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I can’t help but think we are living in some Alice in Wonderland moment, in which things are all upside-down. Around us, we are hearing regular commentary on increasing inequality in Australia, and acknowledging that measures are required to improve the circumstances of those at the low end of the socio-economic scale. Some economists even tell us increasing wealth concentration actually works to reduce the rate of growth of economies.
This week, we have witnessed the passing of legislation to reduce the company tax rate, at a cost to government tax revenue of $27 billion over 10 years. The justification for such largess is that it will create investment and growth. Remarkably, the the whole political brouhaha which has preceded this outcome, no evidence has been presented that this argument is valid, or, if it is, that it is cost-effective.
The current government’s election policy platform, Our Plan: Real solutions for all Australians, stated one of its aims as delivering “a decent and respectful society which gives a ‘fair go’ to all, and encourages people to thrive and move ahead”.
But, as Jenny Begent writes, a ‘fair go for all’ means continuing to invest in those within our community who are most in need, to ensure they are able to participate fully in and contribute to our society. It is, therefore, imperative that the federal government considers the needs of those who are disadvantaged determining fiscal priorities in the next budget.
We should never aim for the restoration of the nation’s budget at the expense of the basic human rights of individuals and families.
According to John Buchanan in The Conversation, deepening inequality, “much of it originating in the labour market”, is retarding the demand necessary to sustain output and employment growth.
If people’s real earnings fall, their spending reduces, causing demand for goods and services to fall, and, in turn, also the demand for labour (jobs). This is why a cut in wages for low-paid workers will not create jobs; rather, it will reduce living standards. Cutting wages for the lowest-paid will only make these problems worse.
Until recently, there has been a lack of political appetite and bureaucratic capacity for a coordinated approach to tackling rough sleeping. However, the creation of the Rough Sleeping Taskforce in Victoria has finally been translated into a practical approach which will work towards a statewide solution, rather than to a Melbourne city-specific approach.
According to Jenny Begent, rough sleepers are one of the most disadvantaged groups in society. They deserve better than to be treated as a nuisance. They may have suffered relationship breakdown, bereavement, or domestic abuse. People need long-term dedicated support to move away for good from the streets.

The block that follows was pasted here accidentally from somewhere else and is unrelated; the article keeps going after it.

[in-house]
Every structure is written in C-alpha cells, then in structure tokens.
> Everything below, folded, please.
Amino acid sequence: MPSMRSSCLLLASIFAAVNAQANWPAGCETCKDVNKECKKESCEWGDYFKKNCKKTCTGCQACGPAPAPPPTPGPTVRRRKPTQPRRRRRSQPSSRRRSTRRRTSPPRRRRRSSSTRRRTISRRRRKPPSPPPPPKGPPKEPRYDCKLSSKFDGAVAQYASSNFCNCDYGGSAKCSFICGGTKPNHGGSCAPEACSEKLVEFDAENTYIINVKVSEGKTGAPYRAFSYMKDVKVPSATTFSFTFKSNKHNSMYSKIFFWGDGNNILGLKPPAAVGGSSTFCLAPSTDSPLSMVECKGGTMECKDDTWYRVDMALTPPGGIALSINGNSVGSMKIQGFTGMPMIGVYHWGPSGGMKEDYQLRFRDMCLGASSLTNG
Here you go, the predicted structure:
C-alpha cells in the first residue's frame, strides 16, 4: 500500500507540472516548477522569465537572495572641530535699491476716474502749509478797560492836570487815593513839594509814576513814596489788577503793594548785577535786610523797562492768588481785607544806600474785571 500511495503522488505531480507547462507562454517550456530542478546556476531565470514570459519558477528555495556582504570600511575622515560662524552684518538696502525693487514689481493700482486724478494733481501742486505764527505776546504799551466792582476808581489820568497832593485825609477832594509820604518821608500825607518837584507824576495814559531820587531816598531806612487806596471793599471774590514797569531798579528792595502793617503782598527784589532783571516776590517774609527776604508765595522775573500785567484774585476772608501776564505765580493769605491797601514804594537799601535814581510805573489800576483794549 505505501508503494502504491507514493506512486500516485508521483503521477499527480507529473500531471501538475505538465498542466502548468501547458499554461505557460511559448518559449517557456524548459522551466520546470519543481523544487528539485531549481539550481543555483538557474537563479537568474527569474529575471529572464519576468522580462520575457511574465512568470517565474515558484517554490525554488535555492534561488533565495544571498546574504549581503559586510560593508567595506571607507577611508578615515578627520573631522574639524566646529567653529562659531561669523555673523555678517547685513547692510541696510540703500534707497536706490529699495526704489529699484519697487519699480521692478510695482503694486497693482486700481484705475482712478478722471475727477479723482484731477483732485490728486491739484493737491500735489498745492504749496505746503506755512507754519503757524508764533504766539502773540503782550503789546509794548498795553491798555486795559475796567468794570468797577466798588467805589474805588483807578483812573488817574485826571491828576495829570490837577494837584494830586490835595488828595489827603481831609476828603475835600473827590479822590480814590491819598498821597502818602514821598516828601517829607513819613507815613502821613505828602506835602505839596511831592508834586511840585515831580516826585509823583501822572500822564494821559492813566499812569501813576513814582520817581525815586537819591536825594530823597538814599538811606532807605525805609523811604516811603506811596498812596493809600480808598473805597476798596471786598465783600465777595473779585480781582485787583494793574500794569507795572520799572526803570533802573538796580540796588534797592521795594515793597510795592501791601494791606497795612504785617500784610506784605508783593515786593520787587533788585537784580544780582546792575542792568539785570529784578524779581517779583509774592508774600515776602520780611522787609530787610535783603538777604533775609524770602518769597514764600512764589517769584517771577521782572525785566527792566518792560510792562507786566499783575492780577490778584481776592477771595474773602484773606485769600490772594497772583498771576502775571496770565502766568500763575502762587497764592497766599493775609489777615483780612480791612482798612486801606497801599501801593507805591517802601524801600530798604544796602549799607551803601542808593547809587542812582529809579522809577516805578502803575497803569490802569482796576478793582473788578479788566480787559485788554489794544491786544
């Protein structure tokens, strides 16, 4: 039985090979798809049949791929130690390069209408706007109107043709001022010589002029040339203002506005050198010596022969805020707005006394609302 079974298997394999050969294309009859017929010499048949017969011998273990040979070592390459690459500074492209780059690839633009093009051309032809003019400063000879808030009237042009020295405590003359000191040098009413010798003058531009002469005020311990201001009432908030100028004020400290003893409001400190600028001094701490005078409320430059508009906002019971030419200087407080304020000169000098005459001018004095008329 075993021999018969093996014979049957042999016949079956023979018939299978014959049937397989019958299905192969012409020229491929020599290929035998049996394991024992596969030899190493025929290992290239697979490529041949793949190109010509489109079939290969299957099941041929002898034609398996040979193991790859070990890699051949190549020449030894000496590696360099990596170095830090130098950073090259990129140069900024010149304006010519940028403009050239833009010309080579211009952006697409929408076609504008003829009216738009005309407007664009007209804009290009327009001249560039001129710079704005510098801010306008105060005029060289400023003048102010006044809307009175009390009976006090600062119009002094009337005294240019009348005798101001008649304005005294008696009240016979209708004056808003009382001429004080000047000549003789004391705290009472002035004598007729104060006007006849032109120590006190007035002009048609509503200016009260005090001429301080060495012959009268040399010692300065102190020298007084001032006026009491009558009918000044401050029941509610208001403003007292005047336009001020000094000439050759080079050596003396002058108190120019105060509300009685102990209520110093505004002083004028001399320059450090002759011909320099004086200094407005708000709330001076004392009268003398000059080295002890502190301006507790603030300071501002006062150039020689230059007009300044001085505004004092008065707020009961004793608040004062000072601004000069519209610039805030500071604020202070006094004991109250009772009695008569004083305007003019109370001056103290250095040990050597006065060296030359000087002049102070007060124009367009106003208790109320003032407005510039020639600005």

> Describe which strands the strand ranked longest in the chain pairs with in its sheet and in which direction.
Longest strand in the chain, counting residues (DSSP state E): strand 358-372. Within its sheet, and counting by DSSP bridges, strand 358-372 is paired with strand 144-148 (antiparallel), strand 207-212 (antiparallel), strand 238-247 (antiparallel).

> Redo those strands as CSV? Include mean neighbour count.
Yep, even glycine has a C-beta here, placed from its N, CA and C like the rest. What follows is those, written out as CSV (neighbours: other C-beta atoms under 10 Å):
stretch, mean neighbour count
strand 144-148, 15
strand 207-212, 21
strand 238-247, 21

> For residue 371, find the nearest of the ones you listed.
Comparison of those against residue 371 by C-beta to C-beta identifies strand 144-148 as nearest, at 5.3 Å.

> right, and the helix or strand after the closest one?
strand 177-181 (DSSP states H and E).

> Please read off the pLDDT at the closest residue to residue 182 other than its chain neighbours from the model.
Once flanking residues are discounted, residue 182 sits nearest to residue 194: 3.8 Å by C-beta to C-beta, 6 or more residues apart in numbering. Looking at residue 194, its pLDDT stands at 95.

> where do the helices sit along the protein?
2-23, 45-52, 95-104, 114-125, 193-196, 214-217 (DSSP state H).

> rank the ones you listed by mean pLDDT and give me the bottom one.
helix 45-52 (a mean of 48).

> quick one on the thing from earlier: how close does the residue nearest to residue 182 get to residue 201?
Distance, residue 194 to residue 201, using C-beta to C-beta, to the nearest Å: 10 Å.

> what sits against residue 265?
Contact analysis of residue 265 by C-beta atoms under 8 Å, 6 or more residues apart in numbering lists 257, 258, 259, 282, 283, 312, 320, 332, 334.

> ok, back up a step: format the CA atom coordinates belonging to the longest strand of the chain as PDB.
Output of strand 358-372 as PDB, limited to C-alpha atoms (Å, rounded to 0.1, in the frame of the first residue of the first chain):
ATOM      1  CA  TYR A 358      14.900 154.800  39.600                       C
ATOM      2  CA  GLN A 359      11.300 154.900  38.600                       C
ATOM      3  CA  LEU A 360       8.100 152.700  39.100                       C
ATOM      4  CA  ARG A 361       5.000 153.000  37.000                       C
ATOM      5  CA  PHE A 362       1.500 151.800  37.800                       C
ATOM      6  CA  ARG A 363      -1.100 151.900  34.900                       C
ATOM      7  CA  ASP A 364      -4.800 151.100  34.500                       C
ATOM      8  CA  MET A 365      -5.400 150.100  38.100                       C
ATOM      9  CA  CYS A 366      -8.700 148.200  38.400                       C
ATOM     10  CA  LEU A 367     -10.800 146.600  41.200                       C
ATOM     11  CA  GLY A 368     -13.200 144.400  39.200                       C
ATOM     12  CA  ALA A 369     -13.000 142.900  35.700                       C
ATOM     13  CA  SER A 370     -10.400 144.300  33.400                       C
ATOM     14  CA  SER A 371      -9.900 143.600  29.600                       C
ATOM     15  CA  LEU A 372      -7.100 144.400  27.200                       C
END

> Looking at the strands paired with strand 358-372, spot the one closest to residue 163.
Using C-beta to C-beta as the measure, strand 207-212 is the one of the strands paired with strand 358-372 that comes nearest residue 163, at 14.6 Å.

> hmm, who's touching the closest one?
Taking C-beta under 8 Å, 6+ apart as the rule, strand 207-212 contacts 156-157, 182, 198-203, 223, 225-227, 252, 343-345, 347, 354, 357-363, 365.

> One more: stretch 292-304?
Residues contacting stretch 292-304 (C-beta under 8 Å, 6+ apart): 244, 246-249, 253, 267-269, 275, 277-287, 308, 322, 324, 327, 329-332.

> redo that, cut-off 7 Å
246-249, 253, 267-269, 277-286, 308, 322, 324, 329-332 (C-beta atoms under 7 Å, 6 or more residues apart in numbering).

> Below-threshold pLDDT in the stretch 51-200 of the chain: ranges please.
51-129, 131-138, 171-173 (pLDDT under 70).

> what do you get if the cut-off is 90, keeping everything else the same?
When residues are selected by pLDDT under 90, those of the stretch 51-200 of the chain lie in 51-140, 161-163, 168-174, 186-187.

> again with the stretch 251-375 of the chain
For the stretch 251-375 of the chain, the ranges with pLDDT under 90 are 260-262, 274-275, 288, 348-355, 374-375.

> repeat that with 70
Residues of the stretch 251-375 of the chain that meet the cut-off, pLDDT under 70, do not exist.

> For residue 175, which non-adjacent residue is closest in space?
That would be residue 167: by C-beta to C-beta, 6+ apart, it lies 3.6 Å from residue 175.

Ideologies, the self-interested bankers, accountants, and lawyers persist with their fixation on privatisation, despite the fact that it is failing in one area after another, and that the electorate shows very clearly that it does not want it.
The latest political example was in the WA election, in which the part-privatisations of Western Power was an important factor in the defeat of the Barnett government. Opinion polls showed that 70% of West Australians did not agree with selling Western Power.
Frances Pennington writes that Donald Trump’s proposed budget in the United States would greatly reduce US foreign aid and cut funding to a host of organisations which support and protect people in poverty, their healthcare, and their children.
It’s easy to be overrun by bad news, by reckless and callous policy decisions, and by stories of conflict and horror. But it is important to remember that change is happening, and that progress has been and will continue to be made. This year’s letter from Bill and Melinda Gates is a reminder of this. It is a thoughtful and reflective call to optimism in our attitudes and approach to global health, foreign aid, and philanthropy.
Dr John Falzon: One-term Tories
In a stunning interview with Emma Alberici on ABC TV on 13 March 2017, Dr John Falzon said the blame for unemployment must not be placed at the feet of those who are unemployed. It’s a societal and structural problem within Australian society. Yet our government has cut $3 billion from support services. People don’t want to rely on charity, but when someone who is not working is forced below the poverty line and receives $37 a day, what chance does that person have even of making it to a job interview?
Close colleague of Pope Francis, Cardinal Óscar Rodríguez Maradiaga, talks about Óscar Romero and liberation theology
The preferential option for the poor is not a communist idea, but comes from Jesus in the Gospels. Moved by the sufferings and killings of his people in El Salvador, Archbishop Romero resolutely defended the rights of the poor, and for this was himself killed 25 years ago. The Church has extolled his stand, with Pope Francis intending to declare him a saint and martyr.
Interview by Matthew Howard of commonhome.tv for Redemptorist Communications Melbourne, published 23 March 2017.